Finding a job
To help you find a job, this page has useful links to guide you through every stage of the job-hunting process.
To work in Canada, you’ll need a Social Insurance Number (SIN). You might also want to make sure you’re old enough to work in the job that you want. The minimum age to work in some jobs varies from province to province.
These two documents are your first real contact with a potential employer. A résumé shows off your skills, education, and accomplishments, and a cover letter introduces you to employers. Check out these pages for tips, templates, and examples to help you get started on your résumé and cover letter:
A reference is someone that an employer can contact to find out more about you and to make sure you’re the right fit for the position they’re looking to fill.
Job interviews can be one of the most nerve-wracking steps of the job-hunting process. Check out the following page for tips to help you prepare and succeed in your next interview.
The traditional way to look for a job is to respond to advertisements and postings. You can usually find these in newspapers, community newsletters, online, or through employment centres. When you apply, be sure to read the instructions in the job posting.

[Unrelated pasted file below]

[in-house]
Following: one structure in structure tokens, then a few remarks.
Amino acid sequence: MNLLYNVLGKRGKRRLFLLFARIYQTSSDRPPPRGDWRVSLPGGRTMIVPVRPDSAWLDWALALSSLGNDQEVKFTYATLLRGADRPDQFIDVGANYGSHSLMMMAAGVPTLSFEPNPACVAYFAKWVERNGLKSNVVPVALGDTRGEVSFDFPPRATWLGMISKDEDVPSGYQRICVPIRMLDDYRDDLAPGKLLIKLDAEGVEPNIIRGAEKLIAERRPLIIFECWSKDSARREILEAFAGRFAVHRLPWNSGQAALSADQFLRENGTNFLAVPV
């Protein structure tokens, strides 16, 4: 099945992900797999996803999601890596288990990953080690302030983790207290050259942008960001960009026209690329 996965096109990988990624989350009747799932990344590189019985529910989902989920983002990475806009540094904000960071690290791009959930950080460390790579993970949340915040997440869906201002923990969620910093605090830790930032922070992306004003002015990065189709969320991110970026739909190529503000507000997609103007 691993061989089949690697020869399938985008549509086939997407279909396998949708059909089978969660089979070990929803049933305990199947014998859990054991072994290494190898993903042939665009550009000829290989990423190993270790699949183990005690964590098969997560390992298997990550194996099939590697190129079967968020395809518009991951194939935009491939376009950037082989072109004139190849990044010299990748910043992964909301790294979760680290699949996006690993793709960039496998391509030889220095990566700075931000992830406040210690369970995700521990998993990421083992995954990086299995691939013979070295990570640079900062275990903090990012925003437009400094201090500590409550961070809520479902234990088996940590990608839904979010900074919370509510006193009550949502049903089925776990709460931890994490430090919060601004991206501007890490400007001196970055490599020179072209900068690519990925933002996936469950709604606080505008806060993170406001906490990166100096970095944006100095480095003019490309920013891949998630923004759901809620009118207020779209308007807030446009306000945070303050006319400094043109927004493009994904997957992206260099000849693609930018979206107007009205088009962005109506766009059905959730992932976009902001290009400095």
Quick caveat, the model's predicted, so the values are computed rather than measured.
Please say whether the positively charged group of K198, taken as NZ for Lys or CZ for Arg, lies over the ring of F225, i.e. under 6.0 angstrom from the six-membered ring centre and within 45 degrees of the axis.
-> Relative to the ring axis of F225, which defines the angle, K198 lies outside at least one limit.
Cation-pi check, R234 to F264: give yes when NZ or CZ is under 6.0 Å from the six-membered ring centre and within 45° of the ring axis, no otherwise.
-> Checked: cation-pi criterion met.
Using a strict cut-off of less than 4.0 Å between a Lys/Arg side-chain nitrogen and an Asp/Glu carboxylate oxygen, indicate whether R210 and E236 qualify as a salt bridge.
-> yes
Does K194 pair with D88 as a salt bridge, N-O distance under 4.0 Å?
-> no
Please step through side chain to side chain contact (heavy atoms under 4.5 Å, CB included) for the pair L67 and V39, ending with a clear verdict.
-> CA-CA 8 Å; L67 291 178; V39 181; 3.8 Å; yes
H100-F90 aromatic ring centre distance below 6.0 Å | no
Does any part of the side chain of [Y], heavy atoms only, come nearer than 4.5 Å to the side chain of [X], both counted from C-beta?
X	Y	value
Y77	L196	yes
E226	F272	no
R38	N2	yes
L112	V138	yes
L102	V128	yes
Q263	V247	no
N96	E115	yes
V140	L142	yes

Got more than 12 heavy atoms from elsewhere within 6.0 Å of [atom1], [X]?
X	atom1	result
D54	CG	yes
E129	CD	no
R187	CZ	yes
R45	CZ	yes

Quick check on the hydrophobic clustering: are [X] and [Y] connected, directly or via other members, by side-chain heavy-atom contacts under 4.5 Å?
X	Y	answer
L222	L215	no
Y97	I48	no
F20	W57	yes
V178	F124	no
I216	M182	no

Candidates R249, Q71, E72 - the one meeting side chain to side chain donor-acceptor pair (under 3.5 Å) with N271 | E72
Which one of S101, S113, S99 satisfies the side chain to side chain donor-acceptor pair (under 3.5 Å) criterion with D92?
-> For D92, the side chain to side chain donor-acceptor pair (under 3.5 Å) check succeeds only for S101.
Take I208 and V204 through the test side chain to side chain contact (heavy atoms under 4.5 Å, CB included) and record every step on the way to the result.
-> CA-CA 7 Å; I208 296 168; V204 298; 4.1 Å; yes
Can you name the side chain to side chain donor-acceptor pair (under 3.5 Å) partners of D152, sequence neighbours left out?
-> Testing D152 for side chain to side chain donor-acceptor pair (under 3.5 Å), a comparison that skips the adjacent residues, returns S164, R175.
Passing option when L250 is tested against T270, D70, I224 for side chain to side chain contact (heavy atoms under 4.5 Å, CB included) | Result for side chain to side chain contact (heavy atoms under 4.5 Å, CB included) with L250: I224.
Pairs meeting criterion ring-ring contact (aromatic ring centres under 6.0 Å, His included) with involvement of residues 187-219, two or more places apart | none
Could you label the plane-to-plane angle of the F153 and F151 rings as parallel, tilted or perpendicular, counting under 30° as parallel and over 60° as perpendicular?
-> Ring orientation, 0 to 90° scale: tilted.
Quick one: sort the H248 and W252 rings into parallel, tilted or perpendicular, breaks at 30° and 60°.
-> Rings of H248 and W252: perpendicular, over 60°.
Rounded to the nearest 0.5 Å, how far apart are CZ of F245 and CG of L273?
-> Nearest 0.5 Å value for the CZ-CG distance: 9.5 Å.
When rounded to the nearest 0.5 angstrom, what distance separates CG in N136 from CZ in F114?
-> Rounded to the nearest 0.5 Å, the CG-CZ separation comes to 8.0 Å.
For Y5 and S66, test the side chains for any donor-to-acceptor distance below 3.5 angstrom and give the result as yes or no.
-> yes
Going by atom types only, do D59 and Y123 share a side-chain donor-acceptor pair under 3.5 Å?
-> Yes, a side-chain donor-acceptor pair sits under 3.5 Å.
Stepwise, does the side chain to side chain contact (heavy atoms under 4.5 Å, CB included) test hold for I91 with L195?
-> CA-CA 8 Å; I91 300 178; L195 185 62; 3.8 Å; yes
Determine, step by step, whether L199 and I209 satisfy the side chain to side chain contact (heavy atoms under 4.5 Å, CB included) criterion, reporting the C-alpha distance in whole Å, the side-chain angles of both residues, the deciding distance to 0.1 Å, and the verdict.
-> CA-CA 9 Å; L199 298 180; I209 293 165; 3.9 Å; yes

Here are some links to help you find employment opportunities:
- Student/Youth Job Bank – employment opportunities for students and young Canadians across the country
- Federal Student Work Experience Program (FSWEP) – full-time students can post their résumé to apply for temporary student jobs within the federal public service
- jobbank.gc.ca – employment opportunities across Canada
- jobs.gc.ca – careers in the federal public service
Did you know that most job openings aren’t even advertised? Employers and managers often fill “hidden” jobs by asking people in their network if they know anyone who would be a good fit. This network could include co-workers, friends, and acquaintances. Check out the following page to find out more about finding jobs in the hidden job market:
Check out the following page for guidance on making a business plan, securing financing, registering your business, and considering legal issues related to starting your own business:
A great way to gain work experience while travelling is by working abroad. Check out the following page for information and resources to help you prepare for a job outside Canada: